B Raman’s Open Letter to Kasuri

B Raman writes a open letter to Kasuri who called for intelligence co-operation between Indian and Pakistani agencies, recounting the history of the attempted Indo-Pak intelligence co-operation from the 1980s onwards calling it a dialogue of the deaf where the Pakistanis repeatedly stonewall and lie through their teeth even in the face of overwhelming evidence.He ends his letter by summarizing as follows.

You would now understand, I hope, why there is not much enthusiasm in India to the idea of a Joint Mechanism for Counter-Terrorism Co-operation. They say once bitten, twice shy. India has been bitten thrice — after the Shimla talks between Indira Gandhi and Z A Bhutto; after the meetings between Verma and Hamid Gul; and after the meeting between A B Vajpayee and Nawaz Sharif at Lahore in February 1999.

Mr Foreign Minister, Pakistan has handed over so many terrorism suspects to the US and other countries. Forget about terrorists. Can you recall even a single instance where Pakistan has handed over even a cattle-lifter to India? Whenever India has asked Pakistan to hand over a terrorist or other criminal, Pakistan’s response has been that India has not been able to produce convincing evidence against him. And whenever India has asked Pakistan to hand over a non-Muslim terrorist, Pakistan’s response has been: ‘Yes, we agree you have good evidence against him, but your information that he is in our territory is wrong.’ The handing-over of the Sikh army deserters is the only instance of such action by Pakistan that I can recall. I cannot understand even today why Gul did it. Was he planning to use them to collect military intelligence from India?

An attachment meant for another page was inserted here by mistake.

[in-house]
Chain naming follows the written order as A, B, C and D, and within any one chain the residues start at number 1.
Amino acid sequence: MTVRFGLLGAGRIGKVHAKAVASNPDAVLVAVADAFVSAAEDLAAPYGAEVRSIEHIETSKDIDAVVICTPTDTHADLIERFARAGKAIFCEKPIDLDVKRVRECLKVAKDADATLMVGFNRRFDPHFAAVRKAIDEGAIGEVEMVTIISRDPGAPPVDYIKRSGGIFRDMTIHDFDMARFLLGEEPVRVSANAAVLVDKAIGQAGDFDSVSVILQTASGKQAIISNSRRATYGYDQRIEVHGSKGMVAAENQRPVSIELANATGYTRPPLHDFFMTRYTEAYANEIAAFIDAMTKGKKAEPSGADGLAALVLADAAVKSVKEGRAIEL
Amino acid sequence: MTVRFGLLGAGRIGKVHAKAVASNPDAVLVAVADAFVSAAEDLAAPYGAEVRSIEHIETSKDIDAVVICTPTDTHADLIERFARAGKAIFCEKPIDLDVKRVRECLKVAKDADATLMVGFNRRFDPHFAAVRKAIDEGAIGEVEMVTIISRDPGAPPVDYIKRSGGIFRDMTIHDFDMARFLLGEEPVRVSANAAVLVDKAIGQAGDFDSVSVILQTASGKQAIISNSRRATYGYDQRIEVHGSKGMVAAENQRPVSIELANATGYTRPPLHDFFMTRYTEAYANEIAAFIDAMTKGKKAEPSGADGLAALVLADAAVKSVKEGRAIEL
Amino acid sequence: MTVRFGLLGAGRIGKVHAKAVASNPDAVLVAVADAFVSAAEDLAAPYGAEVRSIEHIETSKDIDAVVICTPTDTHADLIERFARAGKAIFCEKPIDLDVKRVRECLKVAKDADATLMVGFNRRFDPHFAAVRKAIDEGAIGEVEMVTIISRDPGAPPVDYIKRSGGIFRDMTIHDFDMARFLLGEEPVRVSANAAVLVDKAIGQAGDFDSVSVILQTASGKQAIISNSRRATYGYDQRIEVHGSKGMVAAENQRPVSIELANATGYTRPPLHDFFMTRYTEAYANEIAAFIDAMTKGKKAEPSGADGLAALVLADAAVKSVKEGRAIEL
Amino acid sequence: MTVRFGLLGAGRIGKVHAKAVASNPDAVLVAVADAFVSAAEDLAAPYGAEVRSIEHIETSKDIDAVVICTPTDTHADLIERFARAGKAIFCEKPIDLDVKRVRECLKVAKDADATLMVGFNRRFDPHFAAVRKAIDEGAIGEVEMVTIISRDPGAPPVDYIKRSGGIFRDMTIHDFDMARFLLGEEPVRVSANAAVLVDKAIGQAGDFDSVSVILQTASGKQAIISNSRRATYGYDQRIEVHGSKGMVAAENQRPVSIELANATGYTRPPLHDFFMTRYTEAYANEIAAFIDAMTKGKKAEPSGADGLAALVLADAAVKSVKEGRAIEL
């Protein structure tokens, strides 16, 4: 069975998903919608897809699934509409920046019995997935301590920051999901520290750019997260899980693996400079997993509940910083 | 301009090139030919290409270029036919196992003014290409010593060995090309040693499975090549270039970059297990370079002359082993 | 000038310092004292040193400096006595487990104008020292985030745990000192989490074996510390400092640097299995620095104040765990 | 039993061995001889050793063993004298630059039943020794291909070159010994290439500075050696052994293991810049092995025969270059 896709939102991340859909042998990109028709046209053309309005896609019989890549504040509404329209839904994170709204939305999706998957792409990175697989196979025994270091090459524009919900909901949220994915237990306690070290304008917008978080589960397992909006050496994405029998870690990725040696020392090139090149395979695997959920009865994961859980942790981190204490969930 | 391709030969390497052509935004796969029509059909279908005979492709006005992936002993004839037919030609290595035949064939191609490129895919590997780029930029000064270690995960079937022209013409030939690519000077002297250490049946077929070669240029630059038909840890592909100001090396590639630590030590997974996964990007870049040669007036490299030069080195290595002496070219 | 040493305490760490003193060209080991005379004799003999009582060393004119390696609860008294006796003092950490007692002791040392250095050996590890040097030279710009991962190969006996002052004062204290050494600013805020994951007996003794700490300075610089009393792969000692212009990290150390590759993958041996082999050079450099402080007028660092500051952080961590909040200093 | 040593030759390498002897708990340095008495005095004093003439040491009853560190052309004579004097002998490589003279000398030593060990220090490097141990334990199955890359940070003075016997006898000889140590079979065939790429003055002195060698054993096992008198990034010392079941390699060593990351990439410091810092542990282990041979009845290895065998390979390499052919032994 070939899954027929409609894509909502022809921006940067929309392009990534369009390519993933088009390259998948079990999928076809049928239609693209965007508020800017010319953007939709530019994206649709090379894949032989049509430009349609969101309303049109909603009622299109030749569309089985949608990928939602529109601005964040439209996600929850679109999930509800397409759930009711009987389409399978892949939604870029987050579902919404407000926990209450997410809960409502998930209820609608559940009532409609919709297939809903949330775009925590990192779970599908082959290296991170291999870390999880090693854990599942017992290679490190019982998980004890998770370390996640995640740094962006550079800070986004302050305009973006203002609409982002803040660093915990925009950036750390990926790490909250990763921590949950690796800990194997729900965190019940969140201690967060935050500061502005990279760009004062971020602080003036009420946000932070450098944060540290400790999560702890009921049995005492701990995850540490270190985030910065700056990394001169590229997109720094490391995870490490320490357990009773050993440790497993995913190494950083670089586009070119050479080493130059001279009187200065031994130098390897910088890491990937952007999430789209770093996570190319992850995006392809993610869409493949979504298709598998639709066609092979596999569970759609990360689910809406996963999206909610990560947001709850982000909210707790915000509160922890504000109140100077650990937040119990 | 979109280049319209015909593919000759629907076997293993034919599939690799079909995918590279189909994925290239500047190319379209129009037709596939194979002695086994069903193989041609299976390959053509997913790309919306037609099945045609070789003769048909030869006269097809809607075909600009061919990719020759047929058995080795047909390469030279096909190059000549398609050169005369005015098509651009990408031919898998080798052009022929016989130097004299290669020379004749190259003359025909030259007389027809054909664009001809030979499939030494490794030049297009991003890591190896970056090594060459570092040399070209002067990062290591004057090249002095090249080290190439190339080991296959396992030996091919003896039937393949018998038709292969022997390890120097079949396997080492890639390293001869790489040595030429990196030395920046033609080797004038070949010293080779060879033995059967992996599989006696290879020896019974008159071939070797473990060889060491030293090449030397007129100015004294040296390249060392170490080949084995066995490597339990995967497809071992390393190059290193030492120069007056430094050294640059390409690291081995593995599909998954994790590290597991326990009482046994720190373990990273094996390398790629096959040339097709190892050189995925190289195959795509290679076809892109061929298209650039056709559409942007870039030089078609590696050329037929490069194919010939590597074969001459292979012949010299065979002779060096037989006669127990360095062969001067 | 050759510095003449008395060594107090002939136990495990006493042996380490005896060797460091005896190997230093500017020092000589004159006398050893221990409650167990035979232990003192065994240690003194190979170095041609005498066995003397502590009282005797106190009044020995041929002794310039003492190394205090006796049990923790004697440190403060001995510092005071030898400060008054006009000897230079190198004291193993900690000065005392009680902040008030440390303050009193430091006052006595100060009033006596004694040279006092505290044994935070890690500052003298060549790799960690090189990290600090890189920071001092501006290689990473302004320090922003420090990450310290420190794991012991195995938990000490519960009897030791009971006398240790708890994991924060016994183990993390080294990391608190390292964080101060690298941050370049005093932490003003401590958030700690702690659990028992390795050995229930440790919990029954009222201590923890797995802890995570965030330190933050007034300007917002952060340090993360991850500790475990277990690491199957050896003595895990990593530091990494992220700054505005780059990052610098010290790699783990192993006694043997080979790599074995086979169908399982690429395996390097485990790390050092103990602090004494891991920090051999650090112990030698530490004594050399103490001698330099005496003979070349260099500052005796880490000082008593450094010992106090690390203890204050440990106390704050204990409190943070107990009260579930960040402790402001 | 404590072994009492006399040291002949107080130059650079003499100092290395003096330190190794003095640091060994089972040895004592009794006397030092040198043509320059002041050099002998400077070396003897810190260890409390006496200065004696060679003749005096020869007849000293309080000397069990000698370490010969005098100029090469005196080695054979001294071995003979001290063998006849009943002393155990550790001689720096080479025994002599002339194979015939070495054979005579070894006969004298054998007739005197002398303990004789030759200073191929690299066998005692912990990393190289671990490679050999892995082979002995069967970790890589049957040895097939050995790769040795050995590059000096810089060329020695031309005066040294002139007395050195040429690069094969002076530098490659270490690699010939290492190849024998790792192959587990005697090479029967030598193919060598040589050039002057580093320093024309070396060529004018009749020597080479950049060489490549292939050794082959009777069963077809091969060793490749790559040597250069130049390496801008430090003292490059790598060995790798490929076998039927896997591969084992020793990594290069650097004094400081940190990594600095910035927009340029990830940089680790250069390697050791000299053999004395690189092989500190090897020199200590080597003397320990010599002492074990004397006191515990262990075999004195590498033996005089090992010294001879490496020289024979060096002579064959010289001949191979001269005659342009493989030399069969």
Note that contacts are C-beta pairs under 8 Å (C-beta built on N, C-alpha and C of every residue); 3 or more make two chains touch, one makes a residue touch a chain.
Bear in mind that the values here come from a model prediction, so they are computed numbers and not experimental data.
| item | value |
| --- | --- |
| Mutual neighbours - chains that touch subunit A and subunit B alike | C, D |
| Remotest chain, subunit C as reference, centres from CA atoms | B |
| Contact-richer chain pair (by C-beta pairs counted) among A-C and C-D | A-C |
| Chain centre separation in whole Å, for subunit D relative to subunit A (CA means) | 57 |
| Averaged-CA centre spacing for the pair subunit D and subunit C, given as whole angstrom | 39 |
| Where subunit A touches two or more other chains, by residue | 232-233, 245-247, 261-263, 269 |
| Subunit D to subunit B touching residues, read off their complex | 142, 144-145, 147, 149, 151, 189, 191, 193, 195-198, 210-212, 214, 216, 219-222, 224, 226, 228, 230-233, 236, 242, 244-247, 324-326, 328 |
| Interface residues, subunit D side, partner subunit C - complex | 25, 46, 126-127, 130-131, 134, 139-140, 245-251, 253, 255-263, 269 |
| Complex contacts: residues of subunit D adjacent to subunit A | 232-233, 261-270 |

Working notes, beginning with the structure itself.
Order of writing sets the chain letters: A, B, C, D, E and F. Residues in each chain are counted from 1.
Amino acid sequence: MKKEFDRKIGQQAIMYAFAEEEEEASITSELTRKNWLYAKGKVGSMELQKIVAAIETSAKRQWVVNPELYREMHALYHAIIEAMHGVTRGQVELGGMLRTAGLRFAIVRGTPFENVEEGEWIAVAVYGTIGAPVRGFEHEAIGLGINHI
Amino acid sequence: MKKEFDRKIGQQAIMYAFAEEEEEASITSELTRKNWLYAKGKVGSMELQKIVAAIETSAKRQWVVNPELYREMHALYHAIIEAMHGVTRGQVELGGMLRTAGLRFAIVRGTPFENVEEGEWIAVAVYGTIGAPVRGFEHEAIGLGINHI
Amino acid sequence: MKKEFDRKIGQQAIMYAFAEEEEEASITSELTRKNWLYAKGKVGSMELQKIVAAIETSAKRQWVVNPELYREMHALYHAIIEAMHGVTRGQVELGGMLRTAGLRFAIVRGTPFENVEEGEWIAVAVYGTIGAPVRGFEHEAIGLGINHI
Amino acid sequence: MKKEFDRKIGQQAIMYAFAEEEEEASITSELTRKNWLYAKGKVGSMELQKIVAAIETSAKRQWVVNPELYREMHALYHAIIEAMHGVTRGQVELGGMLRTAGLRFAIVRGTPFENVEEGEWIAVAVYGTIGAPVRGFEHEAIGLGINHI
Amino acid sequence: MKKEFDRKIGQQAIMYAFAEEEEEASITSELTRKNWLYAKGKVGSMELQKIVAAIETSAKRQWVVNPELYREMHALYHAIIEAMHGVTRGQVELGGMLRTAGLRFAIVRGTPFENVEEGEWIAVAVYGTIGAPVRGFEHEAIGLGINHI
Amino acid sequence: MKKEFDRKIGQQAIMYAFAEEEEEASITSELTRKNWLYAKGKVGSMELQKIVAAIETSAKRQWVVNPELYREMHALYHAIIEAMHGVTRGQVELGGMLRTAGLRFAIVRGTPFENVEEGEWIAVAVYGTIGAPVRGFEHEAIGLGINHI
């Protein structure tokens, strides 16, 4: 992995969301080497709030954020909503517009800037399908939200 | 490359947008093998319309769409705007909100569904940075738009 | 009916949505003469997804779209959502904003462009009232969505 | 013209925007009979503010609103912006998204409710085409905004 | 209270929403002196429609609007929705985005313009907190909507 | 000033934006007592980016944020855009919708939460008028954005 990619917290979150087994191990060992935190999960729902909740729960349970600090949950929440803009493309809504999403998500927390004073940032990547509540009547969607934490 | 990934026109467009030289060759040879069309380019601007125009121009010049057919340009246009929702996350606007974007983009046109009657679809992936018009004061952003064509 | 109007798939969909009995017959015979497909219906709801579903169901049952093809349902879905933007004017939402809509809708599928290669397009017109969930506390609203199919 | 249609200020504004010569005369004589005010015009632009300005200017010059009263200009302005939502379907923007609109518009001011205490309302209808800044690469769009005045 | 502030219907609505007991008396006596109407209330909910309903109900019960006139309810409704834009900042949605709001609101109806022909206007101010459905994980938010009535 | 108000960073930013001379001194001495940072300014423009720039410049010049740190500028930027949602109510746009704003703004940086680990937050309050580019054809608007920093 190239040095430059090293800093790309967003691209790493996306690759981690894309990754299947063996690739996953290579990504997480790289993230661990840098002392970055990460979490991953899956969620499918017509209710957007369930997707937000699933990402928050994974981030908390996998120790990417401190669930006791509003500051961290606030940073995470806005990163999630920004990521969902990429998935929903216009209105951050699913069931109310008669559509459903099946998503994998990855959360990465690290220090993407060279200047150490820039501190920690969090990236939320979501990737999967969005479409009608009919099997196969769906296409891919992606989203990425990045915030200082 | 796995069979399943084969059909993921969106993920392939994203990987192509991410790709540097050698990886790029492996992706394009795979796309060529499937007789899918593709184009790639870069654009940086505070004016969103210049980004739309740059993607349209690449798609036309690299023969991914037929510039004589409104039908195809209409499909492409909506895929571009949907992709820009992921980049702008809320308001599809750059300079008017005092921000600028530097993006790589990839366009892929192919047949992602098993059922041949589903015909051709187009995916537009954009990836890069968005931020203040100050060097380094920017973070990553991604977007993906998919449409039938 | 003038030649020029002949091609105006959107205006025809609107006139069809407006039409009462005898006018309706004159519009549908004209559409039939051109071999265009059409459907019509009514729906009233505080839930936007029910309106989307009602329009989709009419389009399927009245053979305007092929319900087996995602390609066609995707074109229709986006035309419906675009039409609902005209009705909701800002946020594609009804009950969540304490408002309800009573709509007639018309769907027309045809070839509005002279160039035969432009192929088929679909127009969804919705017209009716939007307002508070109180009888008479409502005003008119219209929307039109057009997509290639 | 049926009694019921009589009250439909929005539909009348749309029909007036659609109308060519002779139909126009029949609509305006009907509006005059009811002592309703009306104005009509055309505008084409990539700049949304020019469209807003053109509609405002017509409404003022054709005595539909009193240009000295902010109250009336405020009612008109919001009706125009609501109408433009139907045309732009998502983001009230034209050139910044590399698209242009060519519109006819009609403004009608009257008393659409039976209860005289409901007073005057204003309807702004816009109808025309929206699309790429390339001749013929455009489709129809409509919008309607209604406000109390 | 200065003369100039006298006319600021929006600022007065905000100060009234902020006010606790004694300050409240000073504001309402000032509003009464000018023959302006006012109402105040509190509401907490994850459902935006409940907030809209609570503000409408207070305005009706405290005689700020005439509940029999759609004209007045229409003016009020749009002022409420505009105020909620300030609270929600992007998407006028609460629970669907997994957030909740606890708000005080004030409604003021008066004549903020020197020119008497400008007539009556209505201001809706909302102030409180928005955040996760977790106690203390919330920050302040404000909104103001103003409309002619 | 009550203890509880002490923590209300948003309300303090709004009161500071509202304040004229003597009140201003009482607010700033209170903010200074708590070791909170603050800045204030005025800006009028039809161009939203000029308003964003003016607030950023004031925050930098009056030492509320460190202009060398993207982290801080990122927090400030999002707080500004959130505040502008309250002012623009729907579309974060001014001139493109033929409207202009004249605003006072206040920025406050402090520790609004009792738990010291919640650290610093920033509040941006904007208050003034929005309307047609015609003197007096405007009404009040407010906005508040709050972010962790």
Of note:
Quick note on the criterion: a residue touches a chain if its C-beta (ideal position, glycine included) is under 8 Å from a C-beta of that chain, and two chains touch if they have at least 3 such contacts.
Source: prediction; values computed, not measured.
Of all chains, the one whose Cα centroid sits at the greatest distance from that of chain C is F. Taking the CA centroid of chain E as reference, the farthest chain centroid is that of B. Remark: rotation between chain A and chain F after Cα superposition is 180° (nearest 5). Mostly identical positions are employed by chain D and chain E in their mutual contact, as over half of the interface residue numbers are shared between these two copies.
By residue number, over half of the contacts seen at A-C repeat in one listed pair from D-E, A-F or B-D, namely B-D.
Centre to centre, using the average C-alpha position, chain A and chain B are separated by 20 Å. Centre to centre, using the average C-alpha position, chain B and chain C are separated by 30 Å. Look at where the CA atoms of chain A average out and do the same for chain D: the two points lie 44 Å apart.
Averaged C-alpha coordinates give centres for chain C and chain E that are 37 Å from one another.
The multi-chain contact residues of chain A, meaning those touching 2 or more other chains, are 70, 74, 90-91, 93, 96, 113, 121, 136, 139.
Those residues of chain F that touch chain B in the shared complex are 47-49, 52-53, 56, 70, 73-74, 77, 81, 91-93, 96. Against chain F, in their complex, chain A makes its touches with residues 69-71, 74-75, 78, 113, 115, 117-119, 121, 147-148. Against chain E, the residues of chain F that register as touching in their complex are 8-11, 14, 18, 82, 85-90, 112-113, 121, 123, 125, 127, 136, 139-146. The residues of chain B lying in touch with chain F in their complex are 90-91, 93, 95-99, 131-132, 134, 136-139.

All Pakistan has to do to demonstrate its sincerity is to hand over some of the terrorists from India living in Pakistani territory before the first meeting of the Joint Counter-Terrorism Mechanism. It will have a big impact in India and many sceptics will start supporting the mechanism.

India would do well to heed this lesson of history and dump that nonsense called the joint anti-terrorism institutional mechanism. It too is doomed to suffer the same fate as above.

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Filed under History, India, Indian Foreign Policy, International Politics, National Security, Pakistan, Terrorism, The Indian Subcontinent

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